Network mistakes and misconfigurations cost companies millions

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Network misconfigurations cost companies an average of nine percent of annual revenues, according to a study released by a network security and compliance company.

The research by Titania based on a survey of 160 senior cyber security decision makers across a broad array of government and industrial verticals also warned that misconfigurations that leave a business vulnerable to cyber attacks could be sitting on networks for months or years because of infrequent audits of connected devices.

“Networks can change on a daily basis — typically through planned activity — resulting in configuration drift,” says Titania CEO Phil Lewis. “As firewalls, routers and switches are pivotal to the security of all networks, organizations should check all their devices regularly — ideally daily — for misconfigurations, either accidental or deliberate, that could result in critical security risks.

“The fact that only four percent of organizations assess all their network devices by auditing their switching and routing devices, as well as their firewalls, is inherently problematic and likely the result of a lack of accurate automation capability.”

Prioritizing risk mitigation of network devices a challenge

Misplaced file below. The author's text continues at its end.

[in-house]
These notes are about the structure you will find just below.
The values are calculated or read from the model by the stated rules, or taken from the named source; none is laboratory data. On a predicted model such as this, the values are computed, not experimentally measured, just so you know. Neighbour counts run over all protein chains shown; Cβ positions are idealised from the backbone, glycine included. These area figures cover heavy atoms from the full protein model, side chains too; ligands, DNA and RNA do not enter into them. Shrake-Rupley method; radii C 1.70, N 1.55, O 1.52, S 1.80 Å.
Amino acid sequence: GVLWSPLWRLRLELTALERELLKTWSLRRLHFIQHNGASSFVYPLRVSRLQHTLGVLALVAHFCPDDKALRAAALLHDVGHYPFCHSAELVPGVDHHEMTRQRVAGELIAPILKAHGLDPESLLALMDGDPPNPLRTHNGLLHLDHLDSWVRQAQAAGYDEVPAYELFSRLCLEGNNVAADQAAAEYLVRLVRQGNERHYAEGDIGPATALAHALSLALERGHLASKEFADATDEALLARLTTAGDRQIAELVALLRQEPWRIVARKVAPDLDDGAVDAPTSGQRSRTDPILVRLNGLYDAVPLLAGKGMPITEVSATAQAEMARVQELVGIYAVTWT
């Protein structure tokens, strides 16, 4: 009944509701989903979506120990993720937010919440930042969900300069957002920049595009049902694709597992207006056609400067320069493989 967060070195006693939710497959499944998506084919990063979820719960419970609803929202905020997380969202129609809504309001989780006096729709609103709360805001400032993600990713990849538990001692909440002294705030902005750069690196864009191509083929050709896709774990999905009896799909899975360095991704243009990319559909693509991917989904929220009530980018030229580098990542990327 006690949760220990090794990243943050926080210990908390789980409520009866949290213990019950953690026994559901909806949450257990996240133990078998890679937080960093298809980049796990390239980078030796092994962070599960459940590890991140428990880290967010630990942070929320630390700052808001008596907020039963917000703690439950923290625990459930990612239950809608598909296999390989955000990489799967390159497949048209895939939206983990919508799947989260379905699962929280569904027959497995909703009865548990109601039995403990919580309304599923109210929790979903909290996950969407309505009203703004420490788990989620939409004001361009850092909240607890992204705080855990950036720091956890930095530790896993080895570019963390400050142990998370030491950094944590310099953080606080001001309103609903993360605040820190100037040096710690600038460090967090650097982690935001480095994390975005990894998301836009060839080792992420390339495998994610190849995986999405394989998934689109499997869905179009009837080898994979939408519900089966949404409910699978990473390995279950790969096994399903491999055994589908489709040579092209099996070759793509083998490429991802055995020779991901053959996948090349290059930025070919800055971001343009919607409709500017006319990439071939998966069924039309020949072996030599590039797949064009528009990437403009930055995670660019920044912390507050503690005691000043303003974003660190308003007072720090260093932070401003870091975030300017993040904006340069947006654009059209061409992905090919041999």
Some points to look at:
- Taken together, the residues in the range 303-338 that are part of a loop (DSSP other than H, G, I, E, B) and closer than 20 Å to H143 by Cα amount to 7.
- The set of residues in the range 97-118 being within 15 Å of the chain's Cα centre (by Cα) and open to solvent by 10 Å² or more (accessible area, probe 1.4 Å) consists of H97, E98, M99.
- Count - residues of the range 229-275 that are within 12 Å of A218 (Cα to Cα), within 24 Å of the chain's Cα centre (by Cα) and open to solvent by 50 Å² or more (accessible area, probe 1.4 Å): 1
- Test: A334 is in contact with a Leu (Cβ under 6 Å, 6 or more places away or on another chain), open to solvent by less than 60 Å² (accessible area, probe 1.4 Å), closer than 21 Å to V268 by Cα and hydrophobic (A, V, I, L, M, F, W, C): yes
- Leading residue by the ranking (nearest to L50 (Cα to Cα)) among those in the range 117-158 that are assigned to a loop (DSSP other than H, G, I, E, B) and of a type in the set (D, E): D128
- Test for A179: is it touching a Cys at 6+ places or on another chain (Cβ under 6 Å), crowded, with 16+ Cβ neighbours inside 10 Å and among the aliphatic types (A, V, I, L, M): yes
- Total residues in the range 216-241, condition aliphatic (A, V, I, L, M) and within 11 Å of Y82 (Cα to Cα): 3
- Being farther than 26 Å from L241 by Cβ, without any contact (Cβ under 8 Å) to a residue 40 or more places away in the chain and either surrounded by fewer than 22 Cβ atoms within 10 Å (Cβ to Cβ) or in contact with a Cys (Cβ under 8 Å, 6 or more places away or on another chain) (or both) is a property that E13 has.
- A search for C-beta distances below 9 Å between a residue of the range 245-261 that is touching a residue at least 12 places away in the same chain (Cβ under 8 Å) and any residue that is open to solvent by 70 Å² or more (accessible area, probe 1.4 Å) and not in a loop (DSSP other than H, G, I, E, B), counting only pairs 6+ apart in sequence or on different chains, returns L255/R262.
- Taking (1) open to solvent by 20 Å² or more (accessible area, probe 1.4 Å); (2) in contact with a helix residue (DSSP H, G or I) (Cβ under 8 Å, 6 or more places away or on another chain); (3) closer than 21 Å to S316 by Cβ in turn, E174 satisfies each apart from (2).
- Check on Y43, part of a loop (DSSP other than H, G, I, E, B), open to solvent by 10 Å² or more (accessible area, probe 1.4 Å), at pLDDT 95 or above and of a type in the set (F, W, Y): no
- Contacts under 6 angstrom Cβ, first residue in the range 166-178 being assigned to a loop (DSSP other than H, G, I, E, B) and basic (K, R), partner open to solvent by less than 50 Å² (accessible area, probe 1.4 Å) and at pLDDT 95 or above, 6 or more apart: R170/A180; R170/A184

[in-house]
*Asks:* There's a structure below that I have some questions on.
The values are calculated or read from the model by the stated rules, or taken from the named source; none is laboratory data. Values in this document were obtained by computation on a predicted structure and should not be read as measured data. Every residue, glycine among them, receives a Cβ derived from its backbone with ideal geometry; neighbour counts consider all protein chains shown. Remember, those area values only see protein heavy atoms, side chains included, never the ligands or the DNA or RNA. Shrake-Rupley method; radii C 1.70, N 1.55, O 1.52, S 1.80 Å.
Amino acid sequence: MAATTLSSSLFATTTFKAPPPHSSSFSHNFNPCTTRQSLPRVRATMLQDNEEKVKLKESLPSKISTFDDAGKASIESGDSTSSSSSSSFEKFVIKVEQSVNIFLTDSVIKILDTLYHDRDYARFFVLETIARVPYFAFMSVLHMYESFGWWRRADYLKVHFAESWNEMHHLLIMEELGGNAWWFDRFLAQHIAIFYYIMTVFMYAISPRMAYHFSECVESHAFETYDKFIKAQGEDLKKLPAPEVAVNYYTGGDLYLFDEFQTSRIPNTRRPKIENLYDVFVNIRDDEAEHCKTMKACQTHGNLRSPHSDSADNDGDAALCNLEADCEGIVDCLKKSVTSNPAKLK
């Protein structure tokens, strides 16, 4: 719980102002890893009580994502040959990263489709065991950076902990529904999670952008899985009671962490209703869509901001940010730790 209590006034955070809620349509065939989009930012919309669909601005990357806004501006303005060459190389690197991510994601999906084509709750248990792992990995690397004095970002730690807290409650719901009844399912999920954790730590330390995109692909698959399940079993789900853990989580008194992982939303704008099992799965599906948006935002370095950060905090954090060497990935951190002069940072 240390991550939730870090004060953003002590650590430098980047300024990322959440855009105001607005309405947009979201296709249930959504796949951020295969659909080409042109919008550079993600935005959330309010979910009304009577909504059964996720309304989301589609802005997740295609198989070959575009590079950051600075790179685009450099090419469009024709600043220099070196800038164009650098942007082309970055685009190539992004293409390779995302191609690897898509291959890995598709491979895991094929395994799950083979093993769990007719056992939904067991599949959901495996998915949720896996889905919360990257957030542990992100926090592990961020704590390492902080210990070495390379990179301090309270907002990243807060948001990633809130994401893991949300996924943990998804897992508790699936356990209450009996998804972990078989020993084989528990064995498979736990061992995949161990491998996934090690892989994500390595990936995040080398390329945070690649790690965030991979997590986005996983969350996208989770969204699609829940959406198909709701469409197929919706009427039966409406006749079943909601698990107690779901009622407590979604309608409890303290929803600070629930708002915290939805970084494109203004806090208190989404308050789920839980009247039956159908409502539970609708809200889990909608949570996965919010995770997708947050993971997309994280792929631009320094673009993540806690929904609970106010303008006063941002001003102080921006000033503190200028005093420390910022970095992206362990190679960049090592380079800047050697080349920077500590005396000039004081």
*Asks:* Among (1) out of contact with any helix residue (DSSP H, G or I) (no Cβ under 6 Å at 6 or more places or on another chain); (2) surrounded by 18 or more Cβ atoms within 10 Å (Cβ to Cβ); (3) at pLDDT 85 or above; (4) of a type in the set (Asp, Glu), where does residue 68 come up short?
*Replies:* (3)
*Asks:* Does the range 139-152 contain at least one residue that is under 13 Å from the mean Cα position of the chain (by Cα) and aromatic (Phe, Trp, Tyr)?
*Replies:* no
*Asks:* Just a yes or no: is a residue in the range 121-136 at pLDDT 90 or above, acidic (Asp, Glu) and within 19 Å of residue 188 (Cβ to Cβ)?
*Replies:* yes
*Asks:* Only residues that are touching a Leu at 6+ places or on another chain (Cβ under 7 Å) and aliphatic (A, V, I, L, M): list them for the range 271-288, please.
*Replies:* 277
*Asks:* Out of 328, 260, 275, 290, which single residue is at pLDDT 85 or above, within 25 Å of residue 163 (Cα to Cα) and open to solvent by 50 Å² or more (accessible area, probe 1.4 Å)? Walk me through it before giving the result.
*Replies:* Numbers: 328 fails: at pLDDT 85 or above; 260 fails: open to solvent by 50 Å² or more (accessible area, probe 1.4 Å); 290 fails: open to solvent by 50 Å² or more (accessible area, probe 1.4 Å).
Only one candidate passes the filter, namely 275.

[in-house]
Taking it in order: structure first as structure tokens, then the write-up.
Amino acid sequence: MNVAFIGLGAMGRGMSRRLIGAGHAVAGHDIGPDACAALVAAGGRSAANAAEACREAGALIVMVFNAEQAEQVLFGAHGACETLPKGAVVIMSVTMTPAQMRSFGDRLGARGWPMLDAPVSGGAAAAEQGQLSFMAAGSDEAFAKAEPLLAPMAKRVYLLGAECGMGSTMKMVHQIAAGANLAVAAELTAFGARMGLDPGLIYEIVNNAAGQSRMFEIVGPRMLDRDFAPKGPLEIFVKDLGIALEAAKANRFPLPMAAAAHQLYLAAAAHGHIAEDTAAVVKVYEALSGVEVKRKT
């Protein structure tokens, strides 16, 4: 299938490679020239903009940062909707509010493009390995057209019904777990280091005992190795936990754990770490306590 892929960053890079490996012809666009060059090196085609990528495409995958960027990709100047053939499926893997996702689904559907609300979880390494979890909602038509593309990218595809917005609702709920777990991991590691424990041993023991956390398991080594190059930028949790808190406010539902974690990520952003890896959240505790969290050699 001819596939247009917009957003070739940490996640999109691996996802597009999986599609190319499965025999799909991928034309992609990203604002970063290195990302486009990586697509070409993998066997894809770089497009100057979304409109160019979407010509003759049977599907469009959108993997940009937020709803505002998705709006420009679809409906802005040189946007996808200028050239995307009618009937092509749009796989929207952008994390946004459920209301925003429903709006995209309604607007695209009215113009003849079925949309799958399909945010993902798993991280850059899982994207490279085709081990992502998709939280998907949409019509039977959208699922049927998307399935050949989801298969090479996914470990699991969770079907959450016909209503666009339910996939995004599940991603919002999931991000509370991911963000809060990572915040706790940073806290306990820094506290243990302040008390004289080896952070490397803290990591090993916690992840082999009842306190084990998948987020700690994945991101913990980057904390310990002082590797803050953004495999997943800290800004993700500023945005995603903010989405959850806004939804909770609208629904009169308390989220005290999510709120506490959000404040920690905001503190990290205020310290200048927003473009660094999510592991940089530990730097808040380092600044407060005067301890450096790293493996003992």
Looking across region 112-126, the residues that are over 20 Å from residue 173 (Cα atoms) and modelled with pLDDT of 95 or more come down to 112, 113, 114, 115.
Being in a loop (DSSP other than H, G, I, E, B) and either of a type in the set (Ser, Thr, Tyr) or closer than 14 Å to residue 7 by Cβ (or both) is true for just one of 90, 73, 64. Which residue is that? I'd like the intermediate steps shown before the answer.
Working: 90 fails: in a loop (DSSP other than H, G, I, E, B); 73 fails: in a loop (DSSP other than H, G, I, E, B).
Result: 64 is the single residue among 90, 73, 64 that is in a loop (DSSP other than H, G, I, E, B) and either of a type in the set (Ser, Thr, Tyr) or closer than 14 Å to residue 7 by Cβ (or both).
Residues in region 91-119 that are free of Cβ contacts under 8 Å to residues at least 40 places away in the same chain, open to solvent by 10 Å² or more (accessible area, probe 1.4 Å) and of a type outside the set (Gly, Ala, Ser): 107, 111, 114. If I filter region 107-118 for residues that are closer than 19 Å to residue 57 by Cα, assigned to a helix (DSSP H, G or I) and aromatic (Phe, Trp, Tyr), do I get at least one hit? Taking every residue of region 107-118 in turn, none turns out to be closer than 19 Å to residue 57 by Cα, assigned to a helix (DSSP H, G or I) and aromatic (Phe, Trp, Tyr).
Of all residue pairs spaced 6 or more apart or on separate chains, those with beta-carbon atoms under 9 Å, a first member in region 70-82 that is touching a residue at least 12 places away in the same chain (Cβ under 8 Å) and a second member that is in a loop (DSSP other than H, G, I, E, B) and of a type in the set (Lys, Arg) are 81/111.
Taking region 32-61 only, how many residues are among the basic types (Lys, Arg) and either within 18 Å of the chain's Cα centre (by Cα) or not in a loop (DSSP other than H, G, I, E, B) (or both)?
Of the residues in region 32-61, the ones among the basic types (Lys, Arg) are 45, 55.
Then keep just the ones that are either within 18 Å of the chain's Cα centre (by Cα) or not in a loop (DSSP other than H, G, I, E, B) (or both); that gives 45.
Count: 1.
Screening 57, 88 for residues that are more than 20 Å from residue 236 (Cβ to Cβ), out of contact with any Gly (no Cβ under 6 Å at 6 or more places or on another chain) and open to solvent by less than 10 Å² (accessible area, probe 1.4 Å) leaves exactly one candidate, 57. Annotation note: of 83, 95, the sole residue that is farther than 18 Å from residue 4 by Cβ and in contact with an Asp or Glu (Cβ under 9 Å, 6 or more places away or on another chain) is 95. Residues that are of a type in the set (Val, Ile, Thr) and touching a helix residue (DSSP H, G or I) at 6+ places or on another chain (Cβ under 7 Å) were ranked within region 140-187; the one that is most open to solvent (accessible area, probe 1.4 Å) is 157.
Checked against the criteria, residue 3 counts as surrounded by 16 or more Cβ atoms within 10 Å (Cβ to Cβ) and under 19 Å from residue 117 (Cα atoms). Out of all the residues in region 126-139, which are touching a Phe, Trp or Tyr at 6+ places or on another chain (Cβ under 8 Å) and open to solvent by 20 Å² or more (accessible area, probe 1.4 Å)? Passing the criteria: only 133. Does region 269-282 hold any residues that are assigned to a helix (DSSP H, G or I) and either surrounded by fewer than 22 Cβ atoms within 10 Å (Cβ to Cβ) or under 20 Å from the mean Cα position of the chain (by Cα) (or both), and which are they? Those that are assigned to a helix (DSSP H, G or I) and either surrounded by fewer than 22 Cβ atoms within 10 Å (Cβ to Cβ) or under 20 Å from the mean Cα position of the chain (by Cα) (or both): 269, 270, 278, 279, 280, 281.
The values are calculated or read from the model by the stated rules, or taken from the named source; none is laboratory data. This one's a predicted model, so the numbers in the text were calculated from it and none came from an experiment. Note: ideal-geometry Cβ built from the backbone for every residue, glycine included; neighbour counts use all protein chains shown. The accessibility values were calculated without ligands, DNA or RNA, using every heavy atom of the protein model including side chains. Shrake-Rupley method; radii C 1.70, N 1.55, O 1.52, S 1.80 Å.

The study also revealed that organizations are having trouble prioritizing mitigation of risks posed by network devices. It found that 70 percent reported difficulties prioritizing remediation based on risk. They also identified inaccurate automation as a top challenge when meeting security and compliance requirements.

“The tools that many organizations currently rely upon to automate vulnerability detection are failing in making the day-to-day network security checking process more efficient and effective,” Lewis says. “It often involves sampling. This ultimately leaves networks exposed to undetected and potentially critical risks caused by configuration drift.”

Router settings often have mistakes

Organizations may be reluctant to fiddle with network misconfigurations.

“It is very easy to ‘break’ working web apps and functioning services when changing network configuration for threat remediation,” explains Michael Assraf, CEO and co-founder of Vicarius, a vulnerability remediation company.

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